The University’s move last month to require international students to purchase Stanford-provided Cardinal Care for the 2010-2011 school year has become a lightning rod within the international student community, prompting a student-led petition to kill the new requirement, concerns among foreign students of University discrimination and administrative talks on whether to loosen requirements of the plan.
Under the revised policy, international students will be obligated to purchase Cardinal Care — the University’s $3,000 annual healthcare package — in 12-month increments. Currently, Stanford’s insurance policy has an “opt out” mechanism that allows students to forego Cardinal Care if they provide proof that they have adequate insurance coverage from another source, such as parents, a spouse or another insurance provider.
Domestic students remain free to choose their own insurance provider.
Currently, seven percent of the undergraduate population, or 488 students, are international. Thirty-two percent of graduate students, 2,734 students in total, are international.
Requiring Cardinal Care solely for international students “is discriminatory because it assumes that domestic students can better evaluate whether their coverage is adequate or not,” said Fabian Sahl, a graduate student in International Policy Studies. Sahl has been at the forefront of the opposition to the mandatory coverage plan, co-authoring a petition that demands that Stanford revoke the proposed plan and keep the existing policy. The petition had more than 500 signatures on Wednesday night.
Ira Friedman, director of Vaden Health Center and a major proponent of the Cardinal Care plan, has seen first-hand what happens when international students fall through the coverage cracks.
“I see these folks drowning in the river,” Friedman said, “and I think, ‘Can’t we put a fence upstream to keep them from falling in?’”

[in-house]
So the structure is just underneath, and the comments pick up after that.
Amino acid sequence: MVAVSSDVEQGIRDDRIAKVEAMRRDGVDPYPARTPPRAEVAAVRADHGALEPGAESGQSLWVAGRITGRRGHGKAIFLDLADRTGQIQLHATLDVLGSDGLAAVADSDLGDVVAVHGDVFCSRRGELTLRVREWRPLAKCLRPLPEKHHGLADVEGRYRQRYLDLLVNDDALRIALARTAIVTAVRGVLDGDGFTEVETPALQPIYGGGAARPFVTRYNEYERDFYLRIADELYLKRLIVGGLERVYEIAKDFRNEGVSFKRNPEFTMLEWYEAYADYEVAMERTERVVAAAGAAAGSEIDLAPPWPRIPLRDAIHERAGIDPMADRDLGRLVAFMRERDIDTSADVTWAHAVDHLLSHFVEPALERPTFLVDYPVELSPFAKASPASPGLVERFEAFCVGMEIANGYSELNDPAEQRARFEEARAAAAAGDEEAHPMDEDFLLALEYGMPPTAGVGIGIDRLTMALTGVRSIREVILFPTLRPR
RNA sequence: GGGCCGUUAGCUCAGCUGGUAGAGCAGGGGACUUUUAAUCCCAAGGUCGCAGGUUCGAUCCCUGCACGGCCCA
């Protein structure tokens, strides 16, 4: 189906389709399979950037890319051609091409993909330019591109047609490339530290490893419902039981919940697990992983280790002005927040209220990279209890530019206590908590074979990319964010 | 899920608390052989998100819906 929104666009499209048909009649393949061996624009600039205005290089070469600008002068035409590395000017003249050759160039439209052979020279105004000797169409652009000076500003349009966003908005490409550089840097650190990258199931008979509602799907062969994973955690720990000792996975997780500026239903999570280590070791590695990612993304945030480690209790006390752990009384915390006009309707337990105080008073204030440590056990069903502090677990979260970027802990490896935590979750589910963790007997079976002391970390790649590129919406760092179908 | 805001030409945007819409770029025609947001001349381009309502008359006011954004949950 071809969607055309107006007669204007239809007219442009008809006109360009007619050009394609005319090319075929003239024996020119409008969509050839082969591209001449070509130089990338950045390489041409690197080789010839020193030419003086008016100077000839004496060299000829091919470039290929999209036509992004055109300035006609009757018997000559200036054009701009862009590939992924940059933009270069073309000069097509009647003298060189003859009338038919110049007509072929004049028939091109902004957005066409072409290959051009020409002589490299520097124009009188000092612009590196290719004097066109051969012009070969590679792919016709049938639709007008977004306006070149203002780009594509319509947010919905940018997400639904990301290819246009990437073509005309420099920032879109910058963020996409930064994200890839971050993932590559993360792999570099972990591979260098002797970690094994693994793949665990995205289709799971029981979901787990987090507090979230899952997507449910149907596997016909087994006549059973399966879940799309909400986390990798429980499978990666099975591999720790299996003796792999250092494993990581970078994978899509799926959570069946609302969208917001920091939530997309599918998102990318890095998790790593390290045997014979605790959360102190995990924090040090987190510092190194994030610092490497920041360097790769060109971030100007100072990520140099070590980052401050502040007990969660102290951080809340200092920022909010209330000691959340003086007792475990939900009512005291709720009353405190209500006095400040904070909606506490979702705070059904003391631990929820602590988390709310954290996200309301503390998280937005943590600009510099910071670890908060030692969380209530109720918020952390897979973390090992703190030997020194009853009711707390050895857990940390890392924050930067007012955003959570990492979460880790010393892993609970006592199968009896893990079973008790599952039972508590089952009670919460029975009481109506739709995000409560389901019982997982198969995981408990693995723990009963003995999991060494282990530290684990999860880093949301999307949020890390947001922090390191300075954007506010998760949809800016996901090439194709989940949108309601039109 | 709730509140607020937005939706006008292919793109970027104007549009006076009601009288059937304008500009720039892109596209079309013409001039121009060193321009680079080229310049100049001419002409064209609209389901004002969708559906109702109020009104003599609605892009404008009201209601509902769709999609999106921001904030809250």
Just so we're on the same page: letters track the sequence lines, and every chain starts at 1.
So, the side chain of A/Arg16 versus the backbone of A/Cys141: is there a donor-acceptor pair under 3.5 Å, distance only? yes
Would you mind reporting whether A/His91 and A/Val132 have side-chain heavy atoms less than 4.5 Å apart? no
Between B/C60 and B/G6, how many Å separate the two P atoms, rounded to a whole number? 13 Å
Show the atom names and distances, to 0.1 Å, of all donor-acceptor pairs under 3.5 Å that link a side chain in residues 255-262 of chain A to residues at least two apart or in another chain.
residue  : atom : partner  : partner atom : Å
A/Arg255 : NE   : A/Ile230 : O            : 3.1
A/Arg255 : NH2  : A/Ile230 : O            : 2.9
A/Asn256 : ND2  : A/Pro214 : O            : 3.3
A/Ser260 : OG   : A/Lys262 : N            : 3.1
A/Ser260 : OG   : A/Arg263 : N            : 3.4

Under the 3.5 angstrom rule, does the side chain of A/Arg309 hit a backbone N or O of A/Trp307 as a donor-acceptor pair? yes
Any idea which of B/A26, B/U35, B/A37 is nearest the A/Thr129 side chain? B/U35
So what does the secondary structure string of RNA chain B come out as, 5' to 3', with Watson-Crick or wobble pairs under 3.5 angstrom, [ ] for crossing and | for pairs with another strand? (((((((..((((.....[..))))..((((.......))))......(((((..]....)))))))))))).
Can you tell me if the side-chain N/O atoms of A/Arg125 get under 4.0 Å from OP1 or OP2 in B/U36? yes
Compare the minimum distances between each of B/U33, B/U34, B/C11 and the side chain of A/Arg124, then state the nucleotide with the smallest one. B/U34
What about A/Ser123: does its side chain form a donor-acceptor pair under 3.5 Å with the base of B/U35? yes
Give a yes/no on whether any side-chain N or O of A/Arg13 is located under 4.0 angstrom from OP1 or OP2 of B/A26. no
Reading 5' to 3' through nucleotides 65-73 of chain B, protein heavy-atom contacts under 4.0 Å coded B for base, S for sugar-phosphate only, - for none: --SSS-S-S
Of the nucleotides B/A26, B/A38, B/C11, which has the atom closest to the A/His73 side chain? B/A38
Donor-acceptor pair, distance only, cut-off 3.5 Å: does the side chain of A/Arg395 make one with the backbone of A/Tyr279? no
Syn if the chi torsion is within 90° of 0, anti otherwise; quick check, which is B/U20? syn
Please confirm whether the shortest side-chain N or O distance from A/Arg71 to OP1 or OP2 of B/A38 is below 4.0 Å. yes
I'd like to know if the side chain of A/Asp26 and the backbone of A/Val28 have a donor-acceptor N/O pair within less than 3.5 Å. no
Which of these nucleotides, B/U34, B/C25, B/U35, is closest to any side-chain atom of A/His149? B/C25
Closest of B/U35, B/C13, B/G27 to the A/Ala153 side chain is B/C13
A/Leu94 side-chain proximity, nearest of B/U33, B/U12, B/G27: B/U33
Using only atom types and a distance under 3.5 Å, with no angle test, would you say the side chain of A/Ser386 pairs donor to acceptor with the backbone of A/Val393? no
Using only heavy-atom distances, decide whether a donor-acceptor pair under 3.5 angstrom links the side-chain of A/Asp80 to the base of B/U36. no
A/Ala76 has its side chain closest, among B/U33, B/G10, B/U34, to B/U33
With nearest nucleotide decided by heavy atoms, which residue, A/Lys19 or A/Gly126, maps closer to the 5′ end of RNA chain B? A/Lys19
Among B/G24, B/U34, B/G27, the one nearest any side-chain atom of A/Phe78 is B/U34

Friedman said the issue of compulsory Cardinal Care for internationals was recommended as far back as 2008 in the Student Mental Health and Well-being Task Force Report. He backs the proposal because he said it provides a safety net that will eliminate medical snafus that have flared up several times a quarter — “problems that occur almost exclusively for international students.”
Friedman said that about 80 percent of international students already buy Cardinal Care, but the 20 percent who have other coverage plans have run into problems ranging from being denied in-patient treatment for mental health conditions to having to relocate to a county hospital when they have a medical emergency.
But for Sahl, Friedman’s well-meant fence curtails his personal choice.
“This is a private institution, and the move is paternalistic,” Sahl said. “We can very well decide for ourselves if our coverage meets the standard that Cardinal Care does.”
Sunil Sandhu, a Ph.D. student in electrical engineering and native of Singapore, rejects the move on principle, calling it “collective punishment rather than corrective action.” He is currently covered under Cardinal Care, but is considering opting out.
“I think everyone should have their own choices, “ Sandhu said, citing his own personal care packages, which he said are tailored to back injuries he sustained in a recent fall. Cardinal Care doesn’t cover Sandhu’s specific physical therapy expenses, and his inability to tailor-make his care package is a problem.